On May 26, 1950, George Jansen, a decorated World War II and Douglas test pilot, made the first flight that lasted two minutes and covered only five miles. The low vibration had him quickly shutting down the engines to prevent heavy engine damage, after a couple of flight inputs to check basic flight characteristics.  On June 1 a 13-minute flight took place, followed by a 35-minute flight on June 2. There were so many squawks that the fourth flight did not take place until Oct. 18, when the flights finally became a bit more routine and averaged about an hour in length. By the Dec. 8, the prototype had made a total of 14 flights and had reached a top speed of 475 knots and an altitude of 27,000 feet. At this point there was enough data for the Navy to begin its preliminary evaluation of the Shark.

On Dec. 19, Navy pilot Lt. Cdr. Hugh Wood took the Skyshark up to perform some dive tests when ground crews on a mobile unit on the lakebed noticed a puff of smoke and vapor coming from the aircraft when the dive brake closed. The ground crew radioed Wood and asked if everything was OK and he replied in the affirmative. After a flyby on the lake bed for a visual inspection, gremlins started to make their presence known as the aircraft with gear down made a landing approach. Coming in at a high rate of speed and at a 30 degree angle, the aircraft struck the lakebed and was destroyed, taking the life of the pilot in the ensuing fire. It had made 23 flights and had accumulated 19.35 hours of flight time. It wasn’t until April 3, 1952, that the second prototype made its first flight, with George Jansen back at the controls.

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Not long after, the Skyshark fell out of favor with the Navy, as the design and engines continued to be plagued with problems. The Navy turned their attention to the very capable A-4 Skyhawk to fill their requirement for a carrier-based attack aircraft. A total of 10 Skysharks were produced and flight tested at Douglas, which eventually transferred the flying examples to Allison where they were used to develop turboprop engines that would end up powering everything from Huey Helicopters to C-130 transports.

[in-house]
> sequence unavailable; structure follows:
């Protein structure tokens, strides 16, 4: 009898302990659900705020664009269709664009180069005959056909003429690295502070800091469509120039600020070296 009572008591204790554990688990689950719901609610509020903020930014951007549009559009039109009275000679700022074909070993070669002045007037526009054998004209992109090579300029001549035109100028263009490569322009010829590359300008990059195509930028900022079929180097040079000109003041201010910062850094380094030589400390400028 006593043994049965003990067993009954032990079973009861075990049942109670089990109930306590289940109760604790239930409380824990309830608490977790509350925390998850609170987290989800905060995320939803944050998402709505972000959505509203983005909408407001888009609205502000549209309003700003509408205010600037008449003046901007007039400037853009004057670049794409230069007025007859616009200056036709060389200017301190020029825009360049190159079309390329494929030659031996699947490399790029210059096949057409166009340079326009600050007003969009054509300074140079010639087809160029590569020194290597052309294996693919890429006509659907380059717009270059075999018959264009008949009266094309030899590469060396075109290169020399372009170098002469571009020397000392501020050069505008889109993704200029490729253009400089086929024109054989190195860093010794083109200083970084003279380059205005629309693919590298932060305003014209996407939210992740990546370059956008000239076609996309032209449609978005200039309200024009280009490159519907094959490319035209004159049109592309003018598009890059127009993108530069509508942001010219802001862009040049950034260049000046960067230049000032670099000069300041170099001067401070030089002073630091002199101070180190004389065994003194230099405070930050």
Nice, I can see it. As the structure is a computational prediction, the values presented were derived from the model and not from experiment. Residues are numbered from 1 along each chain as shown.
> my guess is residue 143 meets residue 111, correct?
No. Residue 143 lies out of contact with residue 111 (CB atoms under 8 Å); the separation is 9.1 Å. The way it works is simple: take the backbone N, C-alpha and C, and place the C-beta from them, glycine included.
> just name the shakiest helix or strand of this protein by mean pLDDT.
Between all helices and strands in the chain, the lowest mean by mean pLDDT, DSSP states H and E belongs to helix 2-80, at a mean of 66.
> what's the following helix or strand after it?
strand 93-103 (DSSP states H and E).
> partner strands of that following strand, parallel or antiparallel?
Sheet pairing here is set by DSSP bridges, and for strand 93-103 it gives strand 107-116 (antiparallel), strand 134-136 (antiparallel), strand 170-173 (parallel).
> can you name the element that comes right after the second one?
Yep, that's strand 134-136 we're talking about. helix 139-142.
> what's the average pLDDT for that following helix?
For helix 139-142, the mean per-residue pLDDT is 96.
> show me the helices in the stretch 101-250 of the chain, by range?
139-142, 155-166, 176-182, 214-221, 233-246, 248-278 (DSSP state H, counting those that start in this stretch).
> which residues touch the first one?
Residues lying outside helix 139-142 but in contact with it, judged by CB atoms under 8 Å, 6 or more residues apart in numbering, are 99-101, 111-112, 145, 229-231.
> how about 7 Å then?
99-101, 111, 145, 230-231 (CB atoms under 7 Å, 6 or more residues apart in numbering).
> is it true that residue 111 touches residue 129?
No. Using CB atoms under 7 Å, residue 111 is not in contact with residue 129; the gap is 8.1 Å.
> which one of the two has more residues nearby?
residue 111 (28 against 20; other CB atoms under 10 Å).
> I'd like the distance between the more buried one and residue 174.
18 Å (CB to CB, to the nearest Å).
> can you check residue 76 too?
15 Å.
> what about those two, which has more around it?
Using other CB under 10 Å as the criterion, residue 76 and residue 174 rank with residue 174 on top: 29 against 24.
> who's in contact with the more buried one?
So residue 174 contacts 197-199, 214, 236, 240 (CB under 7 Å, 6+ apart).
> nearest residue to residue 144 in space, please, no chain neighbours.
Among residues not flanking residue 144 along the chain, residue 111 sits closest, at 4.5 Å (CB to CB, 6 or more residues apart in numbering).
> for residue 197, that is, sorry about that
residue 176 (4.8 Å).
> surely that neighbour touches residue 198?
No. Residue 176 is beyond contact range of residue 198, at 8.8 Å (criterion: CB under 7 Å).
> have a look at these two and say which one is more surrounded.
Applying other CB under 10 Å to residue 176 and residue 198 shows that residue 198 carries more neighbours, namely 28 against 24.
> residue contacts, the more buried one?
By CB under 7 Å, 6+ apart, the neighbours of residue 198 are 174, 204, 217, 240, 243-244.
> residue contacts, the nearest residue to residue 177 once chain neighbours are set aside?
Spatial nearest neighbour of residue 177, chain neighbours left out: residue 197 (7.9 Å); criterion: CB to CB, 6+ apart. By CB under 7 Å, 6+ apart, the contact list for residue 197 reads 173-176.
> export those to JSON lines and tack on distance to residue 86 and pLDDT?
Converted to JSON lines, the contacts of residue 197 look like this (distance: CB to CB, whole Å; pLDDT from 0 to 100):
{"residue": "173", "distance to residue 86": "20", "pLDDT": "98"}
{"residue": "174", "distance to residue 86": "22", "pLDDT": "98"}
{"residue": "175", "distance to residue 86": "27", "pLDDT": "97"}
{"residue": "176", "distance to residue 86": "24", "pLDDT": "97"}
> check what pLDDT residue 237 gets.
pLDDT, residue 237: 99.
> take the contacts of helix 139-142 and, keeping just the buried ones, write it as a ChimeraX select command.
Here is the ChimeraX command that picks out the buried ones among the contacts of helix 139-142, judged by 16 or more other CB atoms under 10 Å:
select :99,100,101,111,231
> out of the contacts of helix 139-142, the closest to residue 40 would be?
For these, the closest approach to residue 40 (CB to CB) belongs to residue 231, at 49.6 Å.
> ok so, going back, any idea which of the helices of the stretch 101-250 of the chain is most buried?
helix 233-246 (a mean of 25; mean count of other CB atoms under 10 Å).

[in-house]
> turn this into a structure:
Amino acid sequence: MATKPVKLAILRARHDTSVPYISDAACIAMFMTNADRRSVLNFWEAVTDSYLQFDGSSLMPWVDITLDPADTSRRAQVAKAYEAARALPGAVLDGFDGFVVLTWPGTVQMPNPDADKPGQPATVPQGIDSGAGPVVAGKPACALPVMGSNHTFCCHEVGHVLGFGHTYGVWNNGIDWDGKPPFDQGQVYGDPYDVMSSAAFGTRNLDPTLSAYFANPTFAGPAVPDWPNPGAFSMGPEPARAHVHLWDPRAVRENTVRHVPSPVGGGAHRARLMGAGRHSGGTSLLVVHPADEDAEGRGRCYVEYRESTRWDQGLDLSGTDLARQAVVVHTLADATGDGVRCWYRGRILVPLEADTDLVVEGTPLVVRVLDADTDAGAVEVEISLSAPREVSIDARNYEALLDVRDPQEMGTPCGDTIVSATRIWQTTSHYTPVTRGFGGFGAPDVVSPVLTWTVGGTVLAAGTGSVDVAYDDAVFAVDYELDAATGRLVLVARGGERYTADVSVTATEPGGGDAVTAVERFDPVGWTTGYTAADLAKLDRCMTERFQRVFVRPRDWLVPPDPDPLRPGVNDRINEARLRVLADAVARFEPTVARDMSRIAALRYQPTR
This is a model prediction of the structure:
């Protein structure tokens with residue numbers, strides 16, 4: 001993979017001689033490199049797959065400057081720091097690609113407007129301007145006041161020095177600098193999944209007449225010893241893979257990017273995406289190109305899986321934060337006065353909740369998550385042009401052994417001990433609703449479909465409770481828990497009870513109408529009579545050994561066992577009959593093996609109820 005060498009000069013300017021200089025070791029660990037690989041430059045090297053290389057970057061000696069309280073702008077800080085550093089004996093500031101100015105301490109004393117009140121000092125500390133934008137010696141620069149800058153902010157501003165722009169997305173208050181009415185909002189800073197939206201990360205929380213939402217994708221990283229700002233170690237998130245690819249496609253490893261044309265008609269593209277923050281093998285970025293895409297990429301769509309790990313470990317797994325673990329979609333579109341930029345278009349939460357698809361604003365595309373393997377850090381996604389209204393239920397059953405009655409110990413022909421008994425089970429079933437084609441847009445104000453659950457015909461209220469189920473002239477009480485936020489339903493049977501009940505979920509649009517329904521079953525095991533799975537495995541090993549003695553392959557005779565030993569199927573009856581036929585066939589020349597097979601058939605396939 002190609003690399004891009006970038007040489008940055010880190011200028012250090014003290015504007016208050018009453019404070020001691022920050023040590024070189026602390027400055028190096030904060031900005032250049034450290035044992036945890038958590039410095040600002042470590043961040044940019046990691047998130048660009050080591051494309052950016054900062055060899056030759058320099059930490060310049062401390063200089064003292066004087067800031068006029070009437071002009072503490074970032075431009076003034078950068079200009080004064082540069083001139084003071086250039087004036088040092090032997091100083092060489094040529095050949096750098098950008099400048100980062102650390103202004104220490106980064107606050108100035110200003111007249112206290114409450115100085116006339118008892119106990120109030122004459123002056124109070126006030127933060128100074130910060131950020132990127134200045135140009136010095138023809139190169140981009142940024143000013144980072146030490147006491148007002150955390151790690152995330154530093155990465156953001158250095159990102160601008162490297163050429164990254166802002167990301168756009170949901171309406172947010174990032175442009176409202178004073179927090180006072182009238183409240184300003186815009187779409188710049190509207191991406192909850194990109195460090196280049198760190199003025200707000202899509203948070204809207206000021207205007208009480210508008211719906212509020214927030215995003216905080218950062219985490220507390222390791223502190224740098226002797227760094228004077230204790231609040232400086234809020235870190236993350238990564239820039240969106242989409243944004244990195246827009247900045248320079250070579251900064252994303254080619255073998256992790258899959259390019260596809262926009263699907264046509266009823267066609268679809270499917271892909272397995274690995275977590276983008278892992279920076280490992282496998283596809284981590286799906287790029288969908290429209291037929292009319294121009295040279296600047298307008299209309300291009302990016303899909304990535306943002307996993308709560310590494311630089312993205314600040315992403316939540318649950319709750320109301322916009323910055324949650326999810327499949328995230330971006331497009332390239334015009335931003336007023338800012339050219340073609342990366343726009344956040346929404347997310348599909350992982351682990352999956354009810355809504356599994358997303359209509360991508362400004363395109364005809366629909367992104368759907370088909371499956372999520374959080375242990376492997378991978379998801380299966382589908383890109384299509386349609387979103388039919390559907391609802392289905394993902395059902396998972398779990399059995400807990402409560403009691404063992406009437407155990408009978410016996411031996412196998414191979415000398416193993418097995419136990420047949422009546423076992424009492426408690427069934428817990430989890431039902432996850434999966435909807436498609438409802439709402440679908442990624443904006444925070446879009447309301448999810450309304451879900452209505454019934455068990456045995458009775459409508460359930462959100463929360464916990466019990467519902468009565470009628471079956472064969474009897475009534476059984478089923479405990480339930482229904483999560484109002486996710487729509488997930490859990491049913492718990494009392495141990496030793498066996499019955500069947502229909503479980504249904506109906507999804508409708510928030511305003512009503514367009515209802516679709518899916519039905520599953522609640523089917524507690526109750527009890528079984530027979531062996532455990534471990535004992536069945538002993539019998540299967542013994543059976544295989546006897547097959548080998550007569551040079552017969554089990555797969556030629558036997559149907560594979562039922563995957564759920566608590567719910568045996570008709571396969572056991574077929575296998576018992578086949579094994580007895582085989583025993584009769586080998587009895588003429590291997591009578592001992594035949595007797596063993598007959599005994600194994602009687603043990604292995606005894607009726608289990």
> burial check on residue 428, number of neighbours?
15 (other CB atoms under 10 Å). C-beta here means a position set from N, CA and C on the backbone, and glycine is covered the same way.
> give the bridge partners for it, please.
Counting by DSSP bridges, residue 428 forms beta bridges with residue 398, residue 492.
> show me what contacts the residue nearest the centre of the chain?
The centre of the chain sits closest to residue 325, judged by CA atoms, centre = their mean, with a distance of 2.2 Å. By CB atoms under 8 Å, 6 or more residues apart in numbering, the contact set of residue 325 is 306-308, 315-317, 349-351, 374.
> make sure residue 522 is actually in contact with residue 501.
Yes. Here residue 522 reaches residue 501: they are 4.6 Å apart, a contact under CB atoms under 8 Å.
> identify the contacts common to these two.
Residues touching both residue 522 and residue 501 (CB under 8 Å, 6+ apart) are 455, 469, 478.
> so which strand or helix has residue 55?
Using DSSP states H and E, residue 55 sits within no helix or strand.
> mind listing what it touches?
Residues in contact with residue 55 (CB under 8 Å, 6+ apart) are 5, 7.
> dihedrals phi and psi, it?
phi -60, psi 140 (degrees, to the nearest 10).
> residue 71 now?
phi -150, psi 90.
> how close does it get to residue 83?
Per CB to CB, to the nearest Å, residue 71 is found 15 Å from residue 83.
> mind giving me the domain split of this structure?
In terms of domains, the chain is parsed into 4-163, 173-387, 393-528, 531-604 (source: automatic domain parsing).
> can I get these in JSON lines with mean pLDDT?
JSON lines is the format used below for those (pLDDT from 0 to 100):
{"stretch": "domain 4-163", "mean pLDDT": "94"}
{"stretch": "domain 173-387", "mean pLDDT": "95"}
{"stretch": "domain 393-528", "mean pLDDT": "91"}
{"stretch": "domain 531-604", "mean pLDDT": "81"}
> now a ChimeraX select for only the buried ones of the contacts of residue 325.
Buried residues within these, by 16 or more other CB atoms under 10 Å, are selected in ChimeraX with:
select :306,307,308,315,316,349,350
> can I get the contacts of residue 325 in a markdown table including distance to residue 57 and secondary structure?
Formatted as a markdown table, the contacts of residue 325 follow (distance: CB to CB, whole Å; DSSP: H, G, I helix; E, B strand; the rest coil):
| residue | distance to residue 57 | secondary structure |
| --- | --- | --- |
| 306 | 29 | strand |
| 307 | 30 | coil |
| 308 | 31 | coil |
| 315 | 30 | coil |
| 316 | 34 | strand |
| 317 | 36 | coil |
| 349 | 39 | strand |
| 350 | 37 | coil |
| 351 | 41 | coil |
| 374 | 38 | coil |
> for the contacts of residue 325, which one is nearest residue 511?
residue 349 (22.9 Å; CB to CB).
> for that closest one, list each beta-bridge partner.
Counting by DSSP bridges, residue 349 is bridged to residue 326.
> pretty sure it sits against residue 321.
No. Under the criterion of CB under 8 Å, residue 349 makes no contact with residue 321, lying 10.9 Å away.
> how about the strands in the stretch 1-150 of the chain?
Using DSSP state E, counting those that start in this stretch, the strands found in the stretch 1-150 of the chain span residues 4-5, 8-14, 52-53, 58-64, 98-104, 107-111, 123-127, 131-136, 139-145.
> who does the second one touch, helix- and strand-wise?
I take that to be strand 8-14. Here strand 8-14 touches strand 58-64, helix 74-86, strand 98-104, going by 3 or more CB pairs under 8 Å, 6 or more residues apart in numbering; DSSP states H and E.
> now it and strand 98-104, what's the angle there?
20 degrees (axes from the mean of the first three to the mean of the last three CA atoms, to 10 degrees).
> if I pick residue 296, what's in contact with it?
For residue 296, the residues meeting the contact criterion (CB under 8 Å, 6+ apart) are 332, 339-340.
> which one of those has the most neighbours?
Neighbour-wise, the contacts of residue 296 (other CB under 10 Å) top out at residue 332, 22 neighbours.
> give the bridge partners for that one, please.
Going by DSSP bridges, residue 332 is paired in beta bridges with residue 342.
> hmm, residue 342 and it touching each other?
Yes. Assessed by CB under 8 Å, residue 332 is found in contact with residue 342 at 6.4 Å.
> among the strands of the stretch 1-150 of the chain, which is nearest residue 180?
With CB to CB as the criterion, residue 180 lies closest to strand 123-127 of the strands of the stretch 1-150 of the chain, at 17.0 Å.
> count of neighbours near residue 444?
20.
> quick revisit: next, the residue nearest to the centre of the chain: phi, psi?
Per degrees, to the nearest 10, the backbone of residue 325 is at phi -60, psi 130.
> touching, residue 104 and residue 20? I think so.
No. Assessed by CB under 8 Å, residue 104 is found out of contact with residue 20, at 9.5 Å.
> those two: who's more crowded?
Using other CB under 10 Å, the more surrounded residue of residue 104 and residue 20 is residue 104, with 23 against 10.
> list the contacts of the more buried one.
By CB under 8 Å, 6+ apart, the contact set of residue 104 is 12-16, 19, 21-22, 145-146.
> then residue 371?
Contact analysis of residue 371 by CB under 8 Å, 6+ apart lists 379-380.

For a period of time the Skyshark was a fixture in the Antelope Valley skies. Its sound was one that always had people looking to the air as those big counter-rotating props and turbo engines would shake the spectator’s soul. It was a failure as an aircraft, but a success in the development of technology that would benefit aircraft of the future.

Today only one of these remains — it was last seen in 1996, sitting unassembled alongside a hanger in Idaho Falls. Its colorful and tragic operational life as a test aircraft is an example of what makes the history of flight test at Edwards such a powerful subject matter. I was thinking, wouldn’t it be great if that if that airframe still exists, if it could find its way to the new Flight Test Historical Foundation Museum at Edwards ? So much more to this story and aircraft that I wish I could go on, but for now all I can say is the skies of the Antelope Valley once paraded some really interesting aircraft for us gravity-bound earth walkers to see in flight and they really did shake our souls!

Until next time, Bob out…